If you think about hard- and software in terms of wasted potential, instead of just bad design, you can start seeing a lot of potential everywhere.
I had that moment today when thinking about my so called smartphone and what it does in terms of phonecalls. Its really not that much. There’s a list of contacts, each with some optional data like email address and phone numbers. I can mark a number of each contact as a favorite to get a smaller list on a separate page, that I can reorder. If I call someone or get a call, a new entry is added to the list of Recents. If I have a number without a contact, I can use the keypad to call the number directly.
So far, so good. Its very barely beyond what my old Siemens mobile phone did nine years ago. Let’s see what innovation could’ve happened in this space.
- The list of contacts isn’t in sync with my Google Contacts, that is, my GMail address book. Eventually I have to put in the effort to merge these two, as the one has more phone numbers, the other more email addresses. But why is that such a hassle? There’s so much room for improvement on contacts management alone.
- Instead of having to manually manage favorites, why doesn’t the software keep track of some statistics? Easy to track data like most often called, most often calling, longest phone calls, shortest phone calls. Or time of day when calling. And then automatically built a list of favorites, based on the current time, or even location. Ask me once if its okay to enable GPS every now and then to record the location, only for helping you choose the contact to call a bit faster.
- Skype replaced the phone for a lot of calls for me. Why? I can see if a contact is online, and if so, if he is available or actually busy. If he’s busy, I can send a text message directly in the same application, and I can get a reply back in the same application. On the phone, I know nothing about the current status of the person I want to call. I could send text messages, but I wouldn’t know if the other person will read them in the next minutes or even today. Even if the phone is set to meeting and the phone has the current meeting on its calendar and would be able to let me know that the person in the meeting could call me back in 30 minutes, I still have no idea whats going on.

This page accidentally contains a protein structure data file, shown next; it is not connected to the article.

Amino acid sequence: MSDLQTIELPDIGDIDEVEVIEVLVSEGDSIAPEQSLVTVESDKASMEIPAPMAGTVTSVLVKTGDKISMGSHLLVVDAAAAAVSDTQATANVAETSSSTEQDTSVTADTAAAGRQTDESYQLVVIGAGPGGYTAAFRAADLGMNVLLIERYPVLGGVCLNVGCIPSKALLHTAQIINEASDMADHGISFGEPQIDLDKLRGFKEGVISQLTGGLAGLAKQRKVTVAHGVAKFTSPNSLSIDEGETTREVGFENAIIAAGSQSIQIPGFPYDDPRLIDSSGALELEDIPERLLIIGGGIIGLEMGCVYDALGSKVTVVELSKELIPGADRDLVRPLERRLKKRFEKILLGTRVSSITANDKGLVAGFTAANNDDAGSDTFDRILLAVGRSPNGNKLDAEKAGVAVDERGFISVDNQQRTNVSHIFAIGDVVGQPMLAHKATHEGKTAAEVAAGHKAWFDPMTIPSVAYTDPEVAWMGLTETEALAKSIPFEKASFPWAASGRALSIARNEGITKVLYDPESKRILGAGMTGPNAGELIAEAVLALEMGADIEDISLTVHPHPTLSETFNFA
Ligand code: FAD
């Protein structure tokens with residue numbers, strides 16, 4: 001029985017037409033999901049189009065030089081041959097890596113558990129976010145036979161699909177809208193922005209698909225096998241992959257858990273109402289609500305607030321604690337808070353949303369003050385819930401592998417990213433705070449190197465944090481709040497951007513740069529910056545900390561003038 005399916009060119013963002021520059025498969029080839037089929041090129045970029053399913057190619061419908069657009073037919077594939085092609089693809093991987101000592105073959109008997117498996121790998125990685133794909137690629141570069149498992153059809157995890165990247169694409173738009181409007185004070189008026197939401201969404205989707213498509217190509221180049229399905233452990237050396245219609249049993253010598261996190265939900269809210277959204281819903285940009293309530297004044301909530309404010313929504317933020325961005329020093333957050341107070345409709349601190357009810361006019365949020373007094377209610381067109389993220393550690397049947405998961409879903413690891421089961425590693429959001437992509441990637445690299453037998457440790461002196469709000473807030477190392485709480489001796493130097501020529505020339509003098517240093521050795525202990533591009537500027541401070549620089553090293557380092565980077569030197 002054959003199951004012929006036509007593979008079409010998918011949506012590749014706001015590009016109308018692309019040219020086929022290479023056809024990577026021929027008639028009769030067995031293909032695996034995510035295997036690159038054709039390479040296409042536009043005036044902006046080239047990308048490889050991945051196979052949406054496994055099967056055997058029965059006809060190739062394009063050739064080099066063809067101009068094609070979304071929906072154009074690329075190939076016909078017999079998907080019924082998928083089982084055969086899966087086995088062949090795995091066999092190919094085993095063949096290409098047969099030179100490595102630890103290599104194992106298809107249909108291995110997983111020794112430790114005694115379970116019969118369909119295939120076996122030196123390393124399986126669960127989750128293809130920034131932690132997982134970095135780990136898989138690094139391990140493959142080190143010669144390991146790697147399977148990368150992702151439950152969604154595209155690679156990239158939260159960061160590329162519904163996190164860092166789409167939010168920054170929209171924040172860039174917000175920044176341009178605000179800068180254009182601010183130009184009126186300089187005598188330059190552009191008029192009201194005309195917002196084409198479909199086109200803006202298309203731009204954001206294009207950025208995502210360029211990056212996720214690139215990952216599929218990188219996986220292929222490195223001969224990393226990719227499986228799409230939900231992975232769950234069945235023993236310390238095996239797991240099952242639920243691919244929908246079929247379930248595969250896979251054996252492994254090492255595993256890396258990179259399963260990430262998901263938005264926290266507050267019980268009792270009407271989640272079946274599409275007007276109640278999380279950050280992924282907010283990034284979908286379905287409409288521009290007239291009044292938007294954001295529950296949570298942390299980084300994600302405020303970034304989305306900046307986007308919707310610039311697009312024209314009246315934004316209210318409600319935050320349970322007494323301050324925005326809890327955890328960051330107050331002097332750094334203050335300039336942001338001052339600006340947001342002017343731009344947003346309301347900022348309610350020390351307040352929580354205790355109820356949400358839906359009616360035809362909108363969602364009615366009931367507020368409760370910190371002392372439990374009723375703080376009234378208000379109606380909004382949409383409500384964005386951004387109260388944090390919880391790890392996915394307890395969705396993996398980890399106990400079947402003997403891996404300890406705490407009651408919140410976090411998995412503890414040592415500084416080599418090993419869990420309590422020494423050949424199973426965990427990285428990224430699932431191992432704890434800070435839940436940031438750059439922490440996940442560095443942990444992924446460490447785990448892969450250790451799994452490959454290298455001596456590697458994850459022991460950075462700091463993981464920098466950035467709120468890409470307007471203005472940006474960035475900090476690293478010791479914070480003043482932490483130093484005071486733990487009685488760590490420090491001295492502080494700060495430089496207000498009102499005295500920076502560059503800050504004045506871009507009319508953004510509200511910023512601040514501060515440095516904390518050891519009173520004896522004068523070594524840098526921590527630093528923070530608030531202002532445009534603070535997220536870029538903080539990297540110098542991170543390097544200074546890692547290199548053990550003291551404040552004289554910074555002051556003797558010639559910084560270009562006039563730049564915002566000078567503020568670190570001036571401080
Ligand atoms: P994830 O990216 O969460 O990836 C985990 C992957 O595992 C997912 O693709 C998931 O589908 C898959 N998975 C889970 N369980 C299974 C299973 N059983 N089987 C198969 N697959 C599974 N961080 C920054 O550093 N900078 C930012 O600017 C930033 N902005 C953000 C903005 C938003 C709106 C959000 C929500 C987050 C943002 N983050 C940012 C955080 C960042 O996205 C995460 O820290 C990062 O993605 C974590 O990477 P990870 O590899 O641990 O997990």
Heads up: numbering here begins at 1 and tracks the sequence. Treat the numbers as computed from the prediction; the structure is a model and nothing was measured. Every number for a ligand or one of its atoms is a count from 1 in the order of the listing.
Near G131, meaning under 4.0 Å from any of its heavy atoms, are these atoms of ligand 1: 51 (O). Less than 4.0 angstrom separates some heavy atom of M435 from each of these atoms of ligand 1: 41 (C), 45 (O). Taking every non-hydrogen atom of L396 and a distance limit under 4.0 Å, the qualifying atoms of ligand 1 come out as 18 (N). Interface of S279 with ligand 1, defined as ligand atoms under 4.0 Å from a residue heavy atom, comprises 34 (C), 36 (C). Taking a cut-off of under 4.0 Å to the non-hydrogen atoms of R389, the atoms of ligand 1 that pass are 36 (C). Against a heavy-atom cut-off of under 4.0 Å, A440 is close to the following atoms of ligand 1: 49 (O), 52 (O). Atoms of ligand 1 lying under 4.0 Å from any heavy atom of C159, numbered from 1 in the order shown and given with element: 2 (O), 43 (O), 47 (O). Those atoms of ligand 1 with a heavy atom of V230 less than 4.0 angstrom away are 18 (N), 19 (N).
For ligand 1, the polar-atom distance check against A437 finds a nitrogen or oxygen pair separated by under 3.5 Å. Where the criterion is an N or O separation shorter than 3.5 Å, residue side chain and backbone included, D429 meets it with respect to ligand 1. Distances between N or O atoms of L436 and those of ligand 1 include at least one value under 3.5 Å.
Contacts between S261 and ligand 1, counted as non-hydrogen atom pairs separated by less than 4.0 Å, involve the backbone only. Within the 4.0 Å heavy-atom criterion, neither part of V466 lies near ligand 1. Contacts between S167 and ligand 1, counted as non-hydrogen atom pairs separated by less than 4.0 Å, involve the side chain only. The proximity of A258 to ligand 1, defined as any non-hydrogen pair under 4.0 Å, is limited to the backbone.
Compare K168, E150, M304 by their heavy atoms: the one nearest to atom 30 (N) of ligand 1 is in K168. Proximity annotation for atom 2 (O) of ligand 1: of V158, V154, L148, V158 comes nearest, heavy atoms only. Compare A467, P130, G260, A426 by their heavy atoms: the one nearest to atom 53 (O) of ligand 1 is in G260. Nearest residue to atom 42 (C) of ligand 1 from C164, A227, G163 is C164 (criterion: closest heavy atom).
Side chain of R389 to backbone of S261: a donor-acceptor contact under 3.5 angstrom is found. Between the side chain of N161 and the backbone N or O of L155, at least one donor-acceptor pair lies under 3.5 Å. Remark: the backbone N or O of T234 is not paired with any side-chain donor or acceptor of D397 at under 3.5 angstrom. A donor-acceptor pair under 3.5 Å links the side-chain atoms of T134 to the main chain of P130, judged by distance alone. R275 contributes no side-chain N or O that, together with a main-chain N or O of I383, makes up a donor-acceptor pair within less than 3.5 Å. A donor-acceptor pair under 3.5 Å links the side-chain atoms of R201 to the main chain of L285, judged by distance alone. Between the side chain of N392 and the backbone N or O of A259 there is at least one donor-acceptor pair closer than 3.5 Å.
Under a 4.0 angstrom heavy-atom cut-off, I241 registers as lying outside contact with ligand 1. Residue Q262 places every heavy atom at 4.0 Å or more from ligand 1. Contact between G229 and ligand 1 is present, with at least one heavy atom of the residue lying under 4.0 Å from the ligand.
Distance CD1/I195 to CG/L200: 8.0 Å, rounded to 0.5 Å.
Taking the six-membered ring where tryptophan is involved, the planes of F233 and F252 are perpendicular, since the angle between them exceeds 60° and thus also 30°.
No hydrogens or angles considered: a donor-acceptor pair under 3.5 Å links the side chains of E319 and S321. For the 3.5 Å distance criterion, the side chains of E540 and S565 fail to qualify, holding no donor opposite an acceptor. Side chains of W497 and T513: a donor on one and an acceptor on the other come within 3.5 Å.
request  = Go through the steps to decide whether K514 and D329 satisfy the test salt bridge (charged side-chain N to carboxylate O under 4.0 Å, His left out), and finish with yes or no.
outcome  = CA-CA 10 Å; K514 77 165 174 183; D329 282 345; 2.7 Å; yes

- Voicemail sucks. Why do I have to interact with a computer voice and the keypad, when this should be an application running on my phone, with a list of missed calls, a text transcript of the message they left, if any, and a button to play back the message, and another to call them back. Or when I set my phone to “I’m busy”, why does it have to ring for a few time before letting the caller now that I’m busy? Why not just have a very short recording of myself, so that they know they called the right number, which basically says “I can’t answer right now, but I’ll call you back! If you want, leave a message, *beep*”. That would set the right expectation – their call wasn’t in vein, nope, I’ll call you back!
Google Voice may actually address several of these issues and features – but of course its “not available in your country”, so not helping.
- There’s barely any integration between phone calls, Skype, text and instant messaging, Twitter or any other social network. There’s so much potential for grouping my phone’s contact based on the actual social network they are in, like actual friends, colleagues, family, clients and so on. Obviously this could be integrated with Twitter and other so-called social networks. If you think about that, Twitter actually does a horrible job as a social network, as it doesn’t help you at all with grouping contacts. Manually managed lists are a joke compared to the potential that some automatic and exposed data mining would have on your network. Kristian Köhntopp has more on that, if you’re interested. He’s got both German and English versions of his article, and the English one lacks one of the key phrases of the German one: “Können wir stattdessen mal Kommunikation designen?” – roughly translated as “Could we instead start designing communication?”
There’s probably more than that – I’ll update the post when more ideas shows up. If you’ve got one, let me know.
Don’t you have a smartphone because you want to use Skype and all the other goodness? 😉
I think Windows Phone goes in the direction you want, but it’s not really polished and a lot of stuff doesn’t work the way it should, but I think they’re definitely heading that direction.
Der erste Punkt wird mit einem Android-Phone obsolet. 😉
I’ve been going through your list, and most of the ideas are already there on my Android smartphone. Like Favorite contacts, Twitter integration, Skype integration, seeing in your dialer if the person is busy, and so on.
So what kind of a “dumb”-smartphone do you use?
You’re right about pointing out missing features, but paragraphs 3 and 4 have nothing to do with smartphones. I’m pretty sure the telephony technology itself is to blame for this and that smartphones won’t change anything. They’re just terminals after all…
Paragraph 2 : the “most recent” thing has been featured for SMS on Nokia phones for years, I’m surprised it doesn’t exist for calls. The rest I think is not useful but that’s just my opinion.
About paragraph 1 : I entirely agree, but, as for what you point out in paragraph 5, I’d say mobile phone operators are to blame for this.